Thursday, November 15, 2007


A few days ago I got an invitation to the Hulu Beta. Hulu is a joint venture between NBC and Fox for internet distribution of their current programs. My favorite feature is the ability to display clips of shows my own web page. Below is a funny clip from Kitchen Nightmares and also shows what the interface looks like:

Tuesday, November 06, 2007

Web 2.0 Stuff

So it has been awhile since I have posted and part of the reason is because much of the energy that I had been putting into blogging has gone into other Web 2.0 applications. Here are some of the interesting applications that I have started using over the last few months:

Over the summer my friend Rob invited me to join the Facebook revolution so I signed up not really expecting much in particular. Now I really enjoy using the application especially due to all of the 3rd party gadgets that are available to add into the site. I have used LinkedIn for a few years to manage my business connections, but I don't really like LinkedIn as much for personal friends. At this point I still think it is reasonable to manage two social networks one for business and one for friends, but it would be great if some of the widgets could span both networks. More on that later.

Dopplr is an interesting service that I signed up for a few months back but am only recently began actively using. The service is a way to share your travel plans with acquaintances so that you can meet up with people when you happen to be in the same city. I think that this is really more about passive communication in that instead of having to remember who lives where and start sending out emails, Dopplr will do the matching for us. Doppler recently added a Facebook application, which is great because duplicating my Facebook network would seem to be a little pointless. Next up, I would love to see Dopplr use OpenSocial to create a LinkedIn application.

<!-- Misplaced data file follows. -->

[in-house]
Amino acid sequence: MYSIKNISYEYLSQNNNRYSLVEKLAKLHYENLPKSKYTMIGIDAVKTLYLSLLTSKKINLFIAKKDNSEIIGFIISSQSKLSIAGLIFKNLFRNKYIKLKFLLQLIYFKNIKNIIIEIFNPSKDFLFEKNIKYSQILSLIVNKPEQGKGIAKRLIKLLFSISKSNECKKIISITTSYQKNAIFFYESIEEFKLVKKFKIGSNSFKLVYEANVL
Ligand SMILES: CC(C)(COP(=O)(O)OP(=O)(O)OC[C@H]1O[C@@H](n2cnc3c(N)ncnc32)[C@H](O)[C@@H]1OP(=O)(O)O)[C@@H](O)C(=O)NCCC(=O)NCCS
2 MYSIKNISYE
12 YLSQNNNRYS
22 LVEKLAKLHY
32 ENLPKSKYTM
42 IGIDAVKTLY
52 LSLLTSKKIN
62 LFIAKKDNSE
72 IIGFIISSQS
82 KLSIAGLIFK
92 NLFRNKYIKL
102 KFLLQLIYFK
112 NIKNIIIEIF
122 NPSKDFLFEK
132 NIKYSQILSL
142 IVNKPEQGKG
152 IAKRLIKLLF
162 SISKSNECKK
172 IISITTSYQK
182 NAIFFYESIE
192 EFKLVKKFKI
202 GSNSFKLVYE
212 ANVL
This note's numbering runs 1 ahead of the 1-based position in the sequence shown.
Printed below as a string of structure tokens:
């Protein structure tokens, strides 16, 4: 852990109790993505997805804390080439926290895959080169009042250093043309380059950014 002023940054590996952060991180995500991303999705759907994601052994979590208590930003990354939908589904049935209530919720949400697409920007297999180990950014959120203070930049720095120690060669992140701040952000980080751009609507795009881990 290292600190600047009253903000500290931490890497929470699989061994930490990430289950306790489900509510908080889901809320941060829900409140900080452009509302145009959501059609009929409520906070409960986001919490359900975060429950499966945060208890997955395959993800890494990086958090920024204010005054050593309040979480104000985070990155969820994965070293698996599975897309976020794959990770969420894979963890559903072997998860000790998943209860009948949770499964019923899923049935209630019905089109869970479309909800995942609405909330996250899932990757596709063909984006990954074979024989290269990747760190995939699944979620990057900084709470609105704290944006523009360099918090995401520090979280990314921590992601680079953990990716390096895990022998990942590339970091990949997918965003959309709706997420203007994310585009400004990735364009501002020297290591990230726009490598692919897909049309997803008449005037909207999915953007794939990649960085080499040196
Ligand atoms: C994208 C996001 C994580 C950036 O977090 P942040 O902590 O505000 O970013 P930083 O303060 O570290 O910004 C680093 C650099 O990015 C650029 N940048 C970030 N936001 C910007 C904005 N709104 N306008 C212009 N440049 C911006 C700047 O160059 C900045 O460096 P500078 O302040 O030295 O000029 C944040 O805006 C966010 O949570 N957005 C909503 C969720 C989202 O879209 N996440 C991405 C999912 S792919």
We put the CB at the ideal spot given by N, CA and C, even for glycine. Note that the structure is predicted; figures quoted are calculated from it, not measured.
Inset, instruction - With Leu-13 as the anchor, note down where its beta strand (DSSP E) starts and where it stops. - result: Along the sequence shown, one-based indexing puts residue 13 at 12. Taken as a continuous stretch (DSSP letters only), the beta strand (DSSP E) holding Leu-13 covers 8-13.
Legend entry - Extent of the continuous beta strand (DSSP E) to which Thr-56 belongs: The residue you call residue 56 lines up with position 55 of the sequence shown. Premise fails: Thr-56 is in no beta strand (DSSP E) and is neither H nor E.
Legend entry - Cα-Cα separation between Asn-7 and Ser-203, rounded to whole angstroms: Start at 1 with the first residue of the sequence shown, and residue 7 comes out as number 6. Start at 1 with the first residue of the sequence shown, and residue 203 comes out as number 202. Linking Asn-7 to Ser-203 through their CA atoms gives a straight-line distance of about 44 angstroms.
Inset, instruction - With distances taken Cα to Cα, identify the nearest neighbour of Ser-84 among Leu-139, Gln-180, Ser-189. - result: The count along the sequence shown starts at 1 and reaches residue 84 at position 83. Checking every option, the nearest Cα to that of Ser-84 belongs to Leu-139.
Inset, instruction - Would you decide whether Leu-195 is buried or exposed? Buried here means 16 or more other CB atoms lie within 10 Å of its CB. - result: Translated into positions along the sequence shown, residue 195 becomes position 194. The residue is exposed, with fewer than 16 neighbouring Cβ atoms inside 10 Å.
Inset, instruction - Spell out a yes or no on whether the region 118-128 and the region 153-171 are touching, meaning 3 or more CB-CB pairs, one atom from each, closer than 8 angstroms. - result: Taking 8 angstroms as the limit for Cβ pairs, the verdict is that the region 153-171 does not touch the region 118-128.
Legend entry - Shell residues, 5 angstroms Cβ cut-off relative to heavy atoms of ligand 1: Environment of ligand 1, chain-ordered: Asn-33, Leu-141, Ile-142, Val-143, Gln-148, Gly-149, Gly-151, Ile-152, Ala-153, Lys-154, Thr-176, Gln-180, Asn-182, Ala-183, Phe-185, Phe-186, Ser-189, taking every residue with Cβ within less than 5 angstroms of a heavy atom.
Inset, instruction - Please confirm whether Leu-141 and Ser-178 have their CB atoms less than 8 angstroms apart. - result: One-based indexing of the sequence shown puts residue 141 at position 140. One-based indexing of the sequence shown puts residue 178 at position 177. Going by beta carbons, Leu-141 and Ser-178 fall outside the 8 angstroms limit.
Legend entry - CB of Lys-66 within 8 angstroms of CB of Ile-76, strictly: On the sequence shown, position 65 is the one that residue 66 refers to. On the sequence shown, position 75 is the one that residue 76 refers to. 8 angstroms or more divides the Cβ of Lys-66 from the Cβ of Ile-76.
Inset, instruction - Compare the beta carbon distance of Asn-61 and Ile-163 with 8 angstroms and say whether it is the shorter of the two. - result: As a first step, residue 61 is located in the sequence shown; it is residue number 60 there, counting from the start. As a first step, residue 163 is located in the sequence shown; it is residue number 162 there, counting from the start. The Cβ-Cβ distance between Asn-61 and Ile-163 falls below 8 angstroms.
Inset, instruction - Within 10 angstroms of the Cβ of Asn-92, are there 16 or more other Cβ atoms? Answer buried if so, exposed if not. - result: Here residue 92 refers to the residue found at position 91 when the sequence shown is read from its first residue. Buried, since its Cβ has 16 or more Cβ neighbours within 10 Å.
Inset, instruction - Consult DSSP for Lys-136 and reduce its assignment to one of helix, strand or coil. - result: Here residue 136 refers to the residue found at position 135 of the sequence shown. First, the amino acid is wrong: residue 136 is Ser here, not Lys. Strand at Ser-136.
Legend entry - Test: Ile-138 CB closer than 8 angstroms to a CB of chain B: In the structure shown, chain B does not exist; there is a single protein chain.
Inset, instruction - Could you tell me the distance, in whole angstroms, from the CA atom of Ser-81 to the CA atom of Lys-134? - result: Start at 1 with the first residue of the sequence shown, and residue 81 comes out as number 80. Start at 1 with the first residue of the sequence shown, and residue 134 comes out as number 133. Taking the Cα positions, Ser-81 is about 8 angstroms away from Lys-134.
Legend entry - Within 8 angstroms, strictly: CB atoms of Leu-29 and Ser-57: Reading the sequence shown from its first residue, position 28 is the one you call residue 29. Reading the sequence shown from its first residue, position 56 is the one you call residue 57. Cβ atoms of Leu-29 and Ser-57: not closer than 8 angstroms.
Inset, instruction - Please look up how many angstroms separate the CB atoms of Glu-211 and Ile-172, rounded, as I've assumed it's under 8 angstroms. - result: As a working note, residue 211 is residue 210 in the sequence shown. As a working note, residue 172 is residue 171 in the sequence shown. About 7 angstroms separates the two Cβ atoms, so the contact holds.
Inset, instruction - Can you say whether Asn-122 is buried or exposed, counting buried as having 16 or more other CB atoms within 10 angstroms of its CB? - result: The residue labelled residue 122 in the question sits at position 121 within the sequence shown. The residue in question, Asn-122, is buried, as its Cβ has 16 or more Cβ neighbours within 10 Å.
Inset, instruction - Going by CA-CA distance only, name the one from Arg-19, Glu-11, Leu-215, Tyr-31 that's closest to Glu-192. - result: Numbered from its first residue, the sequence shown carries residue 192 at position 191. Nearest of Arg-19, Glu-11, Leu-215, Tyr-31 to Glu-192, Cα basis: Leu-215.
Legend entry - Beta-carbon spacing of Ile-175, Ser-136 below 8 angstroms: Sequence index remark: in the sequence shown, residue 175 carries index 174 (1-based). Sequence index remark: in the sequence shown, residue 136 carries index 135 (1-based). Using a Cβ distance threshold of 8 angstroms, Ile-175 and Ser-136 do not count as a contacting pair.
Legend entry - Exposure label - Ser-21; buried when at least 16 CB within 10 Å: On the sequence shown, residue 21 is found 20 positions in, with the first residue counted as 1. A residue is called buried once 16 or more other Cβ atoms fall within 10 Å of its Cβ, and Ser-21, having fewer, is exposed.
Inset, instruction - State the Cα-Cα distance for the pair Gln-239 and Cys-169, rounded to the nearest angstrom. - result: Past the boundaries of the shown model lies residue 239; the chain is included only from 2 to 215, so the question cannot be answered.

Grand Central bills itself as the new way to use your phones. I am not sure about that, but it is a nice service that will allow people to dial a single number that will ring all of my phones at the same time so that I can choose the one that I want to answer. It also has some great features that allow callers in my address book to be treated in different ways based on my address book entries. The only problem that I have with the service is that everyone already has my mobile number and just uses that so it will be a bit of a pain to get all of my contacts to switch over to my Grand Central number, especially when my mobile number still works. Google recently purchased Grand Central so as a next step I would really like to see tighter integration between Grand Central and Gmail to manage all of my communications.

Thursday, August 02, 2007

Mankiw's Carbon Theorem

On his blog today Greg Mankiw posits the following theorem:

Cap-and-trade = Carbon tax + Corporate welfare

I this theorem just absolutely hits the nail on the head. Politically it looks like some sort of carbon tax or cap-and-trade scheme is coming both for national security and environmental reasons. The real question left is: where will the money from the tax or cap-and-trade scheme go? Will it go to corporations or will it go to the federal government? My favorite suggestion would combine a carbon tax with a reduction on income taxes. Of course I would also favor an increase in federalism in road construction.

Tuesday, July 31, 2007

More OCBP News Coverage

I just got back from a great week of working on the Ocean City Beach Patrol. I spent the week working with the Inlet crew which is always a fun experience both because that section of the beach offers some challenging surf conditions and many of the people who come to that section of the beach have limited swimming experience. Over the course of the week I made seven rescues and had to work pretty hard warning many other people about dangerous conditions.

While I was in Ocean City, the CBS Early Show ran a segment about the dangers of digging holes in the sand that featured the the OCBP. Every parent should watch this video because it highlights the dangers and potential deadly consequences of a seemingly safe activity. In addition to Captain Butch Arbin, the video features Lt. Wes Smith warning a kid that his hole was too deep.

The danger of digging holes in the sand recently gained a higher profile when Dr. Bradley Maron and his father published a study on the topic in the New England Journal of Medicine. Here is a Washington Post account of the story.